Evansville police may change their ride-along policies this summer, after an officer’s son was accused by an Evansville man of assault during a department sanctioned ride-along.
Up for discussion — should family members be allowed to ride-along with officers?
“I don’t want to be knee-jerk,” said Evansville Police Chief Billy Bolin. “Many family members decide to become police officers after a ride-along.”
But a June 28 incident during which Evansville resident Brock Underwood, 21, is accused of attempting to break the cell phone of a man recording an arrest at a Southside gas station has forced the department to pause.
Underwood was riding with his father, Officer Bryan Underwood. He was not charged at the scene — his father was the only officer who witnessed the alleged assault, Bolin said.
Bolin responded immediately by banning Brock Underwood from ever participating in a ride-along. Officer Bryan Underwood will also be counseled on how he might better handle such situations in the future. But the chief has stopped short of promising radical changes to the department’s ride-along policies. Such action would be unpopular with Evansville’s police officers as a whole, he said.
“This is a very popular program,” police spokesman Sgt. Jason Cullum said. “We don’t want one bad apple to spoil it for everyone.”
Video of the encounter is available below:
Over the summer, civilian ride-alongs are a regular occurrence Cullum said.
People like Evansville resident Micas Harris take ride-alongs to see firsthand what police officers do.
“I actually did a ride-along this past Wednesday” Harris said. “It’s really, really cool. They really want you to see what they see.”
Harris, 27, has several friends on the force and he has considered for some time becoming a police officer himself. After Wednesday’s ride-along, he said he’s almost certain he’ll pursue the career.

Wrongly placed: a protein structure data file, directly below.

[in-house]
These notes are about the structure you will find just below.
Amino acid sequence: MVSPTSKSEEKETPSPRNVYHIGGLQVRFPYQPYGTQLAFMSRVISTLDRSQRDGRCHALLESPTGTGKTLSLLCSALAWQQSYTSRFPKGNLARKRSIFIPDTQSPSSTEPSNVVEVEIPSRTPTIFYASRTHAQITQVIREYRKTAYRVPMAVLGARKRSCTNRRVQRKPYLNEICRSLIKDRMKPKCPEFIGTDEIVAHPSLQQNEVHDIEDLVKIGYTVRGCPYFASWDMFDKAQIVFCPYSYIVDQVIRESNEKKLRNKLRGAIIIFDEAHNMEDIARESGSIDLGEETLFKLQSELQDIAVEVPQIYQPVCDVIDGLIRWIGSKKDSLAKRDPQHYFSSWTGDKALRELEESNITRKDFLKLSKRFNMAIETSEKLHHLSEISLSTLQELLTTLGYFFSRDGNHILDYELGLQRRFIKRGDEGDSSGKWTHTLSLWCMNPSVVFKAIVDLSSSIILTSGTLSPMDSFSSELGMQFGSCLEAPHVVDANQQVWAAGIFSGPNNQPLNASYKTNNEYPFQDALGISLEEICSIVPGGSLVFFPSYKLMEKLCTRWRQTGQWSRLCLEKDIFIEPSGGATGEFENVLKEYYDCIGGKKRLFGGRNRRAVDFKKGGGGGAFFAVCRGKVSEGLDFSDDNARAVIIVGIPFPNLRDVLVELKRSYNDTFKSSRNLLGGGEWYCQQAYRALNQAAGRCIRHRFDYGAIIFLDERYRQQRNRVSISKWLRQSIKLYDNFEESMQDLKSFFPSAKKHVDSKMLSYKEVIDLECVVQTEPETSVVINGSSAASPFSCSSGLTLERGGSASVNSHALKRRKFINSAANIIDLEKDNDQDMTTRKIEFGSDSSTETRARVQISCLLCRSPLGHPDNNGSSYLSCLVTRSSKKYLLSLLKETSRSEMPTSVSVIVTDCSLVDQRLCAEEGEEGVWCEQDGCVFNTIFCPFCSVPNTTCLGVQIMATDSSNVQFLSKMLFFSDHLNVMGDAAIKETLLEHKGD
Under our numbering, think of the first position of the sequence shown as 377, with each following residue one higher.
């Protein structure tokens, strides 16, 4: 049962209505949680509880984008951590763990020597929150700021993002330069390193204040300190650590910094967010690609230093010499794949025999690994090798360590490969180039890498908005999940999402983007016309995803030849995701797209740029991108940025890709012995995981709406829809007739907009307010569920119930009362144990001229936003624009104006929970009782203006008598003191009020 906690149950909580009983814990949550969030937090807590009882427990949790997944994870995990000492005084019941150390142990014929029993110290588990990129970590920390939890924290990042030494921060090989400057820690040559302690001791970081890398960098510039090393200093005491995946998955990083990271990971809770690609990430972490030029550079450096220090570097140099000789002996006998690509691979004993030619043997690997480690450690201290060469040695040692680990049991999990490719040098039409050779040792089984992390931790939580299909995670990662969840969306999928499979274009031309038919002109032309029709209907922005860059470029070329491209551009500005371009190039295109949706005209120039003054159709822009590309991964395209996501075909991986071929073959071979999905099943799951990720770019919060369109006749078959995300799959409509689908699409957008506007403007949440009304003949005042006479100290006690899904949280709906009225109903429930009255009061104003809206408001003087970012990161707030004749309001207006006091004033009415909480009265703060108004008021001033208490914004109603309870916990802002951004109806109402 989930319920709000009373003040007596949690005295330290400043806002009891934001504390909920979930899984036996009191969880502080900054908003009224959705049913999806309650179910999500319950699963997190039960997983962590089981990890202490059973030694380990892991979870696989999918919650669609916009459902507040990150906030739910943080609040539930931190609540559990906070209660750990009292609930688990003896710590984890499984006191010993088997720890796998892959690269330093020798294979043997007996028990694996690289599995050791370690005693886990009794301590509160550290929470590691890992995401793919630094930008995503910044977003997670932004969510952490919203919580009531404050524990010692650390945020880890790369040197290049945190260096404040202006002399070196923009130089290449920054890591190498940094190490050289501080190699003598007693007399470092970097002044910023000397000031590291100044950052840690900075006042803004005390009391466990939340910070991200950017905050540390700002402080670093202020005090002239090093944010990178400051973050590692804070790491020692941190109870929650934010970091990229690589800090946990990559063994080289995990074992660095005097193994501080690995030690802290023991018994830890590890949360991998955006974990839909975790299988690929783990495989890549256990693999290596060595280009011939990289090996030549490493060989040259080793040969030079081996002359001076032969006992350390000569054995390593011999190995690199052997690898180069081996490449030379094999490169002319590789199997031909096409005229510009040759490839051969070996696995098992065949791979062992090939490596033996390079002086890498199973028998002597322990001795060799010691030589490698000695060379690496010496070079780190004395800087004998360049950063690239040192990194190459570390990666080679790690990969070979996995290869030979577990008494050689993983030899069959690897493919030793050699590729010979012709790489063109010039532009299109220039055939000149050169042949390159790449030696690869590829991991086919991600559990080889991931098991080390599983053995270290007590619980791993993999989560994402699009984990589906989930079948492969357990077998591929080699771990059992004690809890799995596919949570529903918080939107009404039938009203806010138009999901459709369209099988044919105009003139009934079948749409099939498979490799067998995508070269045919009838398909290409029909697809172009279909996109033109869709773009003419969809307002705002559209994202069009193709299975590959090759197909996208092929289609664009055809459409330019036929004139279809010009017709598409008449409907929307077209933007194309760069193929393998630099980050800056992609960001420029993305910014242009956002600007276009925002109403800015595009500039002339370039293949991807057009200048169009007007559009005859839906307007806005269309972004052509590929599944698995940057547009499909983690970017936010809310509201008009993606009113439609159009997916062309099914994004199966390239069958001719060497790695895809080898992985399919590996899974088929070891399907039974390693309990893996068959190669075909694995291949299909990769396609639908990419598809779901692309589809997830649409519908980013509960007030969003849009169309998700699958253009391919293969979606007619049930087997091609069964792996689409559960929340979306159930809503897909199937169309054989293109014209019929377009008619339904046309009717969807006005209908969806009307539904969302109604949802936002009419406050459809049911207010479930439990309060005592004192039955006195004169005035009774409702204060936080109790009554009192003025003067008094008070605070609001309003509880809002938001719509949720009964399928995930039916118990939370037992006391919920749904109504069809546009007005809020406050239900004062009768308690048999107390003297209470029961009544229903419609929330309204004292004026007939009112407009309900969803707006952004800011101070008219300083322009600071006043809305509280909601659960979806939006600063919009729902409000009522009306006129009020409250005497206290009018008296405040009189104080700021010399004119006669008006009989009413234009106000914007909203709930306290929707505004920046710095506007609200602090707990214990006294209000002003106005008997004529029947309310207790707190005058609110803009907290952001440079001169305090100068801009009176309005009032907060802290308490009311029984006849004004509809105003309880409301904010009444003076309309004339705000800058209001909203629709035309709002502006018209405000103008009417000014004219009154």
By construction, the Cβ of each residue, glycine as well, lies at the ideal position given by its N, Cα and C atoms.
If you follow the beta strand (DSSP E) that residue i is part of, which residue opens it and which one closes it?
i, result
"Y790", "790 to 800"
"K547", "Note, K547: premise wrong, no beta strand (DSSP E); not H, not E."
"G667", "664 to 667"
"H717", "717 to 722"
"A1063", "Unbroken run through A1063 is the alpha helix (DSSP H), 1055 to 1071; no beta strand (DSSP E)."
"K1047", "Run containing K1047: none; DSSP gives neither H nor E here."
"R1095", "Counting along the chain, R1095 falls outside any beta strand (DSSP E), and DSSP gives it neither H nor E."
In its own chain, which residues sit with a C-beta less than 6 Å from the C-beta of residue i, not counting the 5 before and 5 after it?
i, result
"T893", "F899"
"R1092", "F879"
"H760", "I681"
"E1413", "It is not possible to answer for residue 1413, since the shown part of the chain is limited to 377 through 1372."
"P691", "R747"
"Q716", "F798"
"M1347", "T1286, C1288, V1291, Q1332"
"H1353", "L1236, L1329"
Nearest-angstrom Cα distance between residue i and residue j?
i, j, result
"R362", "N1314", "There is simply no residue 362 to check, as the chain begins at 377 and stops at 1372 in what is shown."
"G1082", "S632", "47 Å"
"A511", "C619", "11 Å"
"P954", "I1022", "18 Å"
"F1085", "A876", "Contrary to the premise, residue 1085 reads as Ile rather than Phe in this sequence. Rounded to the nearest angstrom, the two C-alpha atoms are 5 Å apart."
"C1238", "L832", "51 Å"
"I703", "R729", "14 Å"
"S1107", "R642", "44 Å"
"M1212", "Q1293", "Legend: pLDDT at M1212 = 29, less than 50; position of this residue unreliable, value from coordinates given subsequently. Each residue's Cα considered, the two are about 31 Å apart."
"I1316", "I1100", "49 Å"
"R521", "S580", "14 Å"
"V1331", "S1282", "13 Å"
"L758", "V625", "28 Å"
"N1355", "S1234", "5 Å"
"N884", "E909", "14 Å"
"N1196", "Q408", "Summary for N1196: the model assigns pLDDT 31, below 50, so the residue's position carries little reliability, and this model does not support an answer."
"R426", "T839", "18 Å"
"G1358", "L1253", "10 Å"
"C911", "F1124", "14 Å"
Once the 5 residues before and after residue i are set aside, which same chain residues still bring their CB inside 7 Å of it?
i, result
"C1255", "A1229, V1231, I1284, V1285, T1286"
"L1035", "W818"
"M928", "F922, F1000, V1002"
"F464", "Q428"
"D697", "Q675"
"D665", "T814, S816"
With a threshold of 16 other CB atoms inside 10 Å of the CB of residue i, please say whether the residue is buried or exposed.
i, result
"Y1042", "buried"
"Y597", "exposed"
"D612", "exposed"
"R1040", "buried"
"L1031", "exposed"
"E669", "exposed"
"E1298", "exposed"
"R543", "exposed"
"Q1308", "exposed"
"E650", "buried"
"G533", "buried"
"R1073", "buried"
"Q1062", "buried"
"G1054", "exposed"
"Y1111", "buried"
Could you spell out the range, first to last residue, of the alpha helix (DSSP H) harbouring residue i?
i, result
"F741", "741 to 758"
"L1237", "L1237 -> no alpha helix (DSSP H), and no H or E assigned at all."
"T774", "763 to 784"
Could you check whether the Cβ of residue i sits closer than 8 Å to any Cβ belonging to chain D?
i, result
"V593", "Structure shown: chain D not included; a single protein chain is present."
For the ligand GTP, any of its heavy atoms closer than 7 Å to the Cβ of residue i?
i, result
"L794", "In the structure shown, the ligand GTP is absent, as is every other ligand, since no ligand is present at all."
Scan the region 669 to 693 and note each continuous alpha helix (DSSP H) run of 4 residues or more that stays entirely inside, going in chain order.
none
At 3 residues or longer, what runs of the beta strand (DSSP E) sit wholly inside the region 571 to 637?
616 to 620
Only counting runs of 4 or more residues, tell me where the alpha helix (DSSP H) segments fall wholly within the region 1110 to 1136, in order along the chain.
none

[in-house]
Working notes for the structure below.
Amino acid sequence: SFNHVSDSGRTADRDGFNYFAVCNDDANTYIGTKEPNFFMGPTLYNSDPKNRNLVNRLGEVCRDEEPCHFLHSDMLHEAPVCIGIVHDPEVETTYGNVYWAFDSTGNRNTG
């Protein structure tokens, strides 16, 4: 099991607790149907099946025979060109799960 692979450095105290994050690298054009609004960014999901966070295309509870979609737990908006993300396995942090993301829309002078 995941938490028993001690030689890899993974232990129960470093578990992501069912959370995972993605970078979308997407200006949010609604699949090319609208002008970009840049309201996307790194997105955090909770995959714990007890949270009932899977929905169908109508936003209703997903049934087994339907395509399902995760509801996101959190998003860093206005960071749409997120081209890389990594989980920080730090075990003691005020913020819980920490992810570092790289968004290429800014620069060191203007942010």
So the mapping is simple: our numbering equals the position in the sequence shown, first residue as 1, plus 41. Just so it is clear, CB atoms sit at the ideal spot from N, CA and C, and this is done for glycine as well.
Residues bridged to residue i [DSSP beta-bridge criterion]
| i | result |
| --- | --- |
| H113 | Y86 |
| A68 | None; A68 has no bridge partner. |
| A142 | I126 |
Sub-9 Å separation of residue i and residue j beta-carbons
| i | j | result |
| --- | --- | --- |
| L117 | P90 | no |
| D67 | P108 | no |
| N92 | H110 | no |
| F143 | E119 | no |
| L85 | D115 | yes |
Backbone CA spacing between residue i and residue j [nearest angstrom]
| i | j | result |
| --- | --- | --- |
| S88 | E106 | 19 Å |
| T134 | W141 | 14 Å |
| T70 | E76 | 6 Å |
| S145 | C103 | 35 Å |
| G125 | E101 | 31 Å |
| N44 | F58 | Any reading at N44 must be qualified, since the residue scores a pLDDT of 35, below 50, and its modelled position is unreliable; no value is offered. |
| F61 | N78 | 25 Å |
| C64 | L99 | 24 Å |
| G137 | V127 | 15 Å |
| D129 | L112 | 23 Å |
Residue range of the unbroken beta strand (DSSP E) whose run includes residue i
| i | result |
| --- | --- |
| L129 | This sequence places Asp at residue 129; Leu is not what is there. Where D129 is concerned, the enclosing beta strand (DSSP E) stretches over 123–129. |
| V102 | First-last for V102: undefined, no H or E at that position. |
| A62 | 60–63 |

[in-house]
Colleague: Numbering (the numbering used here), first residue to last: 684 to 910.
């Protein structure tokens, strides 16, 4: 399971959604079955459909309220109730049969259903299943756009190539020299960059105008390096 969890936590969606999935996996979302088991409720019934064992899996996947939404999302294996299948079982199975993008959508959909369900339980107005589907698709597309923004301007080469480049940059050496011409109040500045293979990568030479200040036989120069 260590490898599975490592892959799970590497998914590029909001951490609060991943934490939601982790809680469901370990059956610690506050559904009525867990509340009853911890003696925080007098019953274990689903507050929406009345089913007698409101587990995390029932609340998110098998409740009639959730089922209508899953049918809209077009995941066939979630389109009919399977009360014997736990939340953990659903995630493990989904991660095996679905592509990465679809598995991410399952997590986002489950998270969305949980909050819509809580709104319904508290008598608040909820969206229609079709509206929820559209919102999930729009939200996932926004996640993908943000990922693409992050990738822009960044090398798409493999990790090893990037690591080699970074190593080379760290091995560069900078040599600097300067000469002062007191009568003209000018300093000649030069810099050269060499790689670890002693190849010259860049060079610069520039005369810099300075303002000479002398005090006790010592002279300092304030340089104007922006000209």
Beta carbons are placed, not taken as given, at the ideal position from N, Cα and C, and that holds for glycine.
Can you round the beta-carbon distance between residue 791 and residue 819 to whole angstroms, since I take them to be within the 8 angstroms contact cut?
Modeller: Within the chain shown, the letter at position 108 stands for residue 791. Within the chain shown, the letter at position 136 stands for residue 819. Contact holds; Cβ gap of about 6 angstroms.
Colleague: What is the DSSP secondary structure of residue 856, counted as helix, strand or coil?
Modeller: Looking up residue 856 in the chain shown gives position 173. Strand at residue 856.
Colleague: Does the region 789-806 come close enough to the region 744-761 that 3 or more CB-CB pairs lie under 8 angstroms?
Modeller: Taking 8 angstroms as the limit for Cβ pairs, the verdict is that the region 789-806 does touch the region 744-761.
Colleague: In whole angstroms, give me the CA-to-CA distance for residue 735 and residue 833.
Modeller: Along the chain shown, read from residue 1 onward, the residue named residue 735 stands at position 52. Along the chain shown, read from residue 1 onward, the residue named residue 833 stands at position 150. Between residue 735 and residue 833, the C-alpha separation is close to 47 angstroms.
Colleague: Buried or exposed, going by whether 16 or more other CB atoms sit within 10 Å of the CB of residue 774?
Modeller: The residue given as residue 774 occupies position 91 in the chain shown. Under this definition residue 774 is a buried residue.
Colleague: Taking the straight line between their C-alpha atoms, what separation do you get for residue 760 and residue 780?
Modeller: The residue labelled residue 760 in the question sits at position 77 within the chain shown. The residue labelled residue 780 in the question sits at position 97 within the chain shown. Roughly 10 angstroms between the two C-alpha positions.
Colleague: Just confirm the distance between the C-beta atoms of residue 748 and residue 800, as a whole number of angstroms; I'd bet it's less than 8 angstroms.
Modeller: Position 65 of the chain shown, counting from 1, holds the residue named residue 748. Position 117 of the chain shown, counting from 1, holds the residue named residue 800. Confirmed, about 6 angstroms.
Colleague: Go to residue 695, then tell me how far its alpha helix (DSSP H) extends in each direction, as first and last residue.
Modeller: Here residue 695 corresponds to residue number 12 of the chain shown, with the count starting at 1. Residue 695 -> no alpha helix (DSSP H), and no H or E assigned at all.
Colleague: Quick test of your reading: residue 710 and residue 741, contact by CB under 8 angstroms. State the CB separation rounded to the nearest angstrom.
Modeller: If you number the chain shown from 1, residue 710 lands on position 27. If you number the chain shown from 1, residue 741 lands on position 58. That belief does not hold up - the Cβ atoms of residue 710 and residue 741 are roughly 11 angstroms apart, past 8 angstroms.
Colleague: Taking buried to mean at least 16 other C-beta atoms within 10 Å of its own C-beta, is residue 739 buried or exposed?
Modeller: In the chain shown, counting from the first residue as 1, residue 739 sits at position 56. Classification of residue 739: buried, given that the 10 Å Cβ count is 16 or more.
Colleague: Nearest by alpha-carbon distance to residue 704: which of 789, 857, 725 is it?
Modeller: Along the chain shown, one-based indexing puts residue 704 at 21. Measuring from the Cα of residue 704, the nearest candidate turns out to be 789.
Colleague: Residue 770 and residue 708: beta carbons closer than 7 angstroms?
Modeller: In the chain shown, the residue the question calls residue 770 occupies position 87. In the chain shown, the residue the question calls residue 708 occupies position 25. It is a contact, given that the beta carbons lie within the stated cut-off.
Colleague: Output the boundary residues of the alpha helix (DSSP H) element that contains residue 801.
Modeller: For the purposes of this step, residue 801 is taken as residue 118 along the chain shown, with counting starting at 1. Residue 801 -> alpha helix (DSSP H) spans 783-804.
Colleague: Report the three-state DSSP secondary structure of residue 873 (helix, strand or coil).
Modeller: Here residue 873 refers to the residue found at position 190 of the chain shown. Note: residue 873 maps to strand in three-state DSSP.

“The ride-along definitely pushed me over the edge,” Harris said. “This wouldn’t be a job, this would be something I would want to do everyday.”
Like Harris, many people who are considering becoming police officers ride-along to help make their decision, Cullum said. The program is also popular among those who enroll in the department’s citizens’ academy. It also attracts many individuals who just want to see what law enforcement is all about.
While the majority of ride-alongs are strangers, many officers say they feel safer when they know the civilian riding with them.
“I’ve had my wife do a ride-along, and I prefer that to a stranger because I know what my wife will do in a stressful situation,” Cullum said. “When it’s a stranger, you have no idea how that person is going to react.”
Besides reviewing its policy on family ride-alongs, Bolin said the department will also discuss whether it should create more stringent rules on when ride-alongs are allowed out of the police cars.
The policies now “are very vague,” Cullum said. “A lot of it is the officer’s discretion.”
Although the Underwood incident made headlines this month, this is the first time Cullum or Bolin could recall a ride-along getting involved in a police run.
“The ride-along program is an observational program,” Bolin said. “The ride-along should never be part of the run. I’m very displeased with how (Underwood’s) ride-along went.”
Written by Jessie Higgins for Courier Press